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Let's assume I'm constructing an F# generic function f with a single argument integral, and this argument by the function semantics should be constrained to any .NET integral type from System.SByte through System.Int32 to System.Numerics.BigInteger.

One approach would be implementing

let inline f (integral: 'a) =
    (* function body here *) ...

and rely on compiler-deduced constraints to 'a derived from the actual contents of f's body, which may or may not coincide with the set of integral .NET types.

Another approach might be to force explicit hand-picked a priori constraints to 'a that would really guarantee for known .NET types that only integral types pass the static check, for example

let inline f (integral: ^a when ^a:(static member (|||): ^a * ^a-> ^a)) =
    (* function body here, unit for illustration *)()


let inline f< ^a when ^a : (static member (|||): ^a * ^a -> ^a)> (integral: ^a) =
    (* function body here, unit for illustration *)()

so f 1uy, f 1L, f 1I pass the static type check right away, but f 'a', f 1.0, f 1m do not.

What would be benefits, if any, of using second approach over the first?

Are there more idiomatic ways to reach the initial goal?

UPDATE 02/03/2014 Ironically, only today after looking at this answer managed to get a working code out of @kvb's prompt:

let inline implementation integral = ((* whatever implementation here *)) 

type Integral = Integral with 
    static member ($) (Integral, value: byte) = implementation value
    static member ($) (Integral, value: sbyte) = implementation value
    static member ($) (Integral, value: int16) = implementation value
    static member ($) (Integral, value: uint16) = implementation value
    static member ($) (Integral, value: int) = implementation value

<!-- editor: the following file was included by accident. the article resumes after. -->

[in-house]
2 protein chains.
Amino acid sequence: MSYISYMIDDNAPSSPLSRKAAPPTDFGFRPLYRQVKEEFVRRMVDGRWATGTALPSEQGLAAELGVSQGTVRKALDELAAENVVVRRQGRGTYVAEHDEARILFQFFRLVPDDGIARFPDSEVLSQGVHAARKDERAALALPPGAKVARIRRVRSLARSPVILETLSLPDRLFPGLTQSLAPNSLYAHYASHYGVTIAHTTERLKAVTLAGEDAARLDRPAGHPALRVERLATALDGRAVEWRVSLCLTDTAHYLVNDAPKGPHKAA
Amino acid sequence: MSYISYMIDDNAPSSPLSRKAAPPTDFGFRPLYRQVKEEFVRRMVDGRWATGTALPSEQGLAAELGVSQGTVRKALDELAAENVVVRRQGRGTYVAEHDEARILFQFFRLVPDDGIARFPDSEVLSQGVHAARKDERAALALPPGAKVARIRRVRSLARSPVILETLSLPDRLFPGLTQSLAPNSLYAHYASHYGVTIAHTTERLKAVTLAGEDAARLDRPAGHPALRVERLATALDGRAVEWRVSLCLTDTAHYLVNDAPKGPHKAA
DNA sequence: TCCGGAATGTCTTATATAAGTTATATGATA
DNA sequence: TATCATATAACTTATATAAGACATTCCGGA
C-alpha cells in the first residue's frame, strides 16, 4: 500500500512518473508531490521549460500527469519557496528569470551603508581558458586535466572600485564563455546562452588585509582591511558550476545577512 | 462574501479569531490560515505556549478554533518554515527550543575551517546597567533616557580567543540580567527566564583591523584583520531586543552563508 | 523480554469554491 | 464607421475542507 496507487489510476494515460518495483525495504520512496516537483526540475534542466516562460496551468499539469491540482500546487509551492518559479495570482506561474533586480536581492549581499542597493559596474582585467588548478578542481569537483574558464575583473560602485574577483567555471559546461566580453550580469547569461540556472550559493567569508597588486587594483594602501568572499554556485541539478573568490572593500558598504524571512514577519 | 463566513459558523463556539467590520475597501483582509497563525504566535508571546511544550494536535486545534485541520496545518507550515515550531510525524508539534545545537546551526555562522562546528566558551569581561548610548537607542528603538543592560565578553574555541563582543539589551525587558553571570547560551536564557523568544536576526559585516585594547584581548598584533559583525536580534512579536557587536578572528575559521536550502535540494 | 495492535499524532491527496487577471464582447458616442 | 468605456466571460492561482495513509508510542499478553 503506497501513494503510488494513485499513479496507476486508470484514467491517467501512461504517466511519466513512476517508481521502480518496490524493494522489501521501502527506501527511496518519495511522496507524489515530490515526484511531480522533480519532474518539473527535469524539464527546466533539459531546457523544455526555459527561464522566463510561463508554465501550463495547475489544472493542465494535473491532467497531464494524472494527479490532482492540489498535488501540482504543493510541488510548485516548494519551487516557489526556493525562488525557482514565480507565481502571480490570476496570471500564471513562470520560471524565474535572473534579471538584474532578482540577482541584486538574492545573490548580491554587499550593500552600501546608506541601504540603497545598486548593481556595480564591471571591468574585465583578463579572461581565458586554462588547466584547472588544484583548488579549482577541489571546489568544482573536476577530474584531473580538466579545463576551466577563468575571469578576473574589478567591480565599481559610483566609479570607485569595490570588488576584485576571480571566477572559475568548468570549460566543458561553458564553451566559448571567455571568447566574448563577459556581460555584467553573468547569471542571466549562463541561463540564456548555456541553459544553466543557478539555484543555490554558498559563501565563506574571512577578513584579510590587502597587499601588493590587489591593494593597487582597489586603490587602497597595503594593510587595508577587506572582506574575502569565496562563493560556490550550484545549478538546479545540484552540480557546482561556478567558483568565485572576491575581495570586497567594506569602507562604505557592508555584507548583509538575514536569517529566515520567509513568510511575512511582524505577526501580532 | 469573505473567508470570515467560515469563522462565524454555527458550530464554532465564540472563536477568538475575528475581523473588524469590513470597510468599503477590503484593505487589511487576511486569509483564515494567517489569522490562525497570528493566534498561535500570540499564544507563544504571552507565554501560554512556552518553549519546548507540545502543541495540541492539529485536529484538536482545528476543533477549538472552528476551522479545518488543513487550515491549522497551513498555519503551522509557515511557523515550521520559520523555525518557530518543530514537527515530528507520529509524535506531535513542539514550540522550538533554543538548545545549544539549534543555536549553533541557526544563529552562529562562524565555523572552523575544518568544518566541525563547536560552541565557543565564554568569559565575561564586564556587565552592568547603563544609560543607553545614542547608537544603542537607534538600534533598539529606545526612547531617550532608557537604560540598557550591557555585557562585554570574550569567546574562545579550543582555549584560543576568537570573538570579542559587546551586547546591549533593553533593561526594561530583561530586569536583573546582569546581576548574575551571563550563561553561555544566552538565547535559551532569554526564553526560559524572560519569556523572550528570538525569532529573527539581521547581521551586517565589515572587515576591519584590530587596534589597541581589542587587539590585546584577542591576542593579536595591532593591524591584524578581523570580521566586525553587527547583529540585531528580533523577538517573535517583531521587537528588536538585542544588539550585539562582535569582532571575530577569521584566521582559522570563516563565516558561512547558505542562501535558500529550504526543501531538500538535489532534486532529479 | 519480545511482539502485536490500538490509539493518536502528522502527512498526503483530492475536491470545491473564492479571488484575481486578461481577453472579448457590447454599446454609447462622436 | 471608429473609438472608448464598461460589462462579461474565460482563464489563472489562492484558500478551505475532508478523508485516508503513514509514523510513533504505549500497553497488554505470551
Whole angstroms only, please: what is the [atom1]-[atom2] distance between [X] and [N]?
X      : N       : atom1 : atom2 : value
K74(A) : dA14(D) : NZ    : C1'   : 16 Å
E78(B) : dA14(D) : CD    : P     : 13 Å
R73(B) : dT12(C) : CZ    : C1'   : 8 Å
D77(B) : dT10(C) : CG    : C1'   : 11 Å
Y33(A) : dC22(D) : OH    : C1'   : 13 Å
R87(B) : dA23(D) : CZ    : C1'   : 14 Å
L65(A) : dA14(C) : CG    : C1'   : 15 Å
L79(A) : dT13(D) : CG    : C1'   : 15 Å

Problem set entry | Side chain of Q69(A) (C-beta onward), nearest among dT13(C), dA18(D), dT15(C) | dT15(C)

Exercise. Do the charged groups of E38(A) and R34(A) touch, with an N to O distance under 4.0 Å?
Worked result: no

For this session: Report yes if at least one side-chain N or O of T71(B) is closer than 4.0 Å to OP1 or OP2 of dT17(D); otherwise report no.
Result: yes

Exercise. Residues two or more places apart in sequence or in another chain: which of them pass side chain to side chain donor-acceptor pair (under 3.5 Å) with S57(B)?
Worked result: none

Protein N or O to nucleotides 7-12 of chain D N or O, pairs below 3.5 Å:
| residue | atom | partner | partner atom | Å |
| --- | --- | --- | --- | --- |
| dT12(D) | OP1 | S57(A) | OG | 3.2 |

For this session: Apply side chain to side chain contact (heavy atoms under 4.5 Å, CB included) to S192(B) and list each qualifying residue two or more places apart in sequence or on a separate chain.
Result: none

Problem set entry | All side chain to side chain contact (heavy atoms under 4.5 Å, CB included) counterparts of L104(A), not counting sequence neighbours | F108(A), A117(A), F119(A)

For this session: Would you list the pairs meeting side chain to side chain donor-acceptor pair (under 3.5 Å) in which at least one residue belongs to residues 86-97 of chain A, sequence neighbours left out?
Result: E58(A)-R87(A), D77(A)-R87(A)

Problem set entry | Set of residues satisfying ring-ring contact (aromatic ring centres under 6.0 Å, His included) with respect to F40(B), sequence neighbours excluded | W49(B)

static member ($) (Integral, value: uint32) = implementation value
    static member ($) (Integral, value: int64) = implementation value
    static member ($) (Integral, value: uint64) = implementation value
    static member ($) (Integral, value: bigint) = implementation value

let inline doit integral = Integral $ integral

doit 1
doit 1I
doit 1.0 // does not compile
doit 1.0m // does not compile
doit '1' // does not compile
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Won't the answer depend on why you want to limit the allowed types in the first place? –  kvb May 24 '13 at 15:09
An intent example, maybe a bit artificial: comparison behaves similarly to sign for integrals, but differently for string. –  Gene Belitski May 24 '13 at 16:11
Hackish approach - add GenericZero to the argument which should limit you to Numeric types. You could then do a runtime check if 3/2 in that type was equal to 1 which won't happen for floating types. –  John Palmer May 25 '13 at 6:33

2 Answers 2

up vote 1 down vote accepted

If you really just want to limit the possibilities to exactly the integral types, then using overloaded static methods would be one alternative. To reduce code duplication, these can all be implemented in terms of an unrestricted generic function.

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The first is better. F#'s type inference actually does constraints right. Explicit constraints are a way of stating what you want to do. What could be better than doing it and having the compiler statically prove that the argument is valid for the operations? I'm not sure I see a benefit of spelling out an "integral constraint" beyond what the body of the function itself dictates. But maybe you can lay out more of your case.

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A bit of exaggeration, but imagine you define let inline equals a b = match Operators.compare a b with | 1 | -1 -> false | _ -> true and then get one unfortunate day that equals "A" "b" is true. –  Gene Belitski May 24 '13 at 16:06
Are you shadowing built-in functions? Regardless, it doesn't seem like your problem is best solved with constraints, but a fuller example of what you're trying to do would help. –  Daniel May 24 '13 at 16:12
@GeneBelitski Well, that would be a bug in your code that you should fix. I'm not sure how is restricting to types that also support bitwise or going to help. Especially since for example int.CompareTo() is documented to return a negative number when the result is “less”, not necessarily -1. –  svick May 24 '13 at 18:21
@svick: I reiterate that this is a completely artificial, made-up, "bad practice", comparison implementation-dependent example whatsoever; nevertheless the fact is that coincidentally with compiler-deduced constrains the observed function behavior would be wrong, and with hand-picked constraining arguments to only integral types - right. –  Gene Belitski May 24 '13 at 19:15

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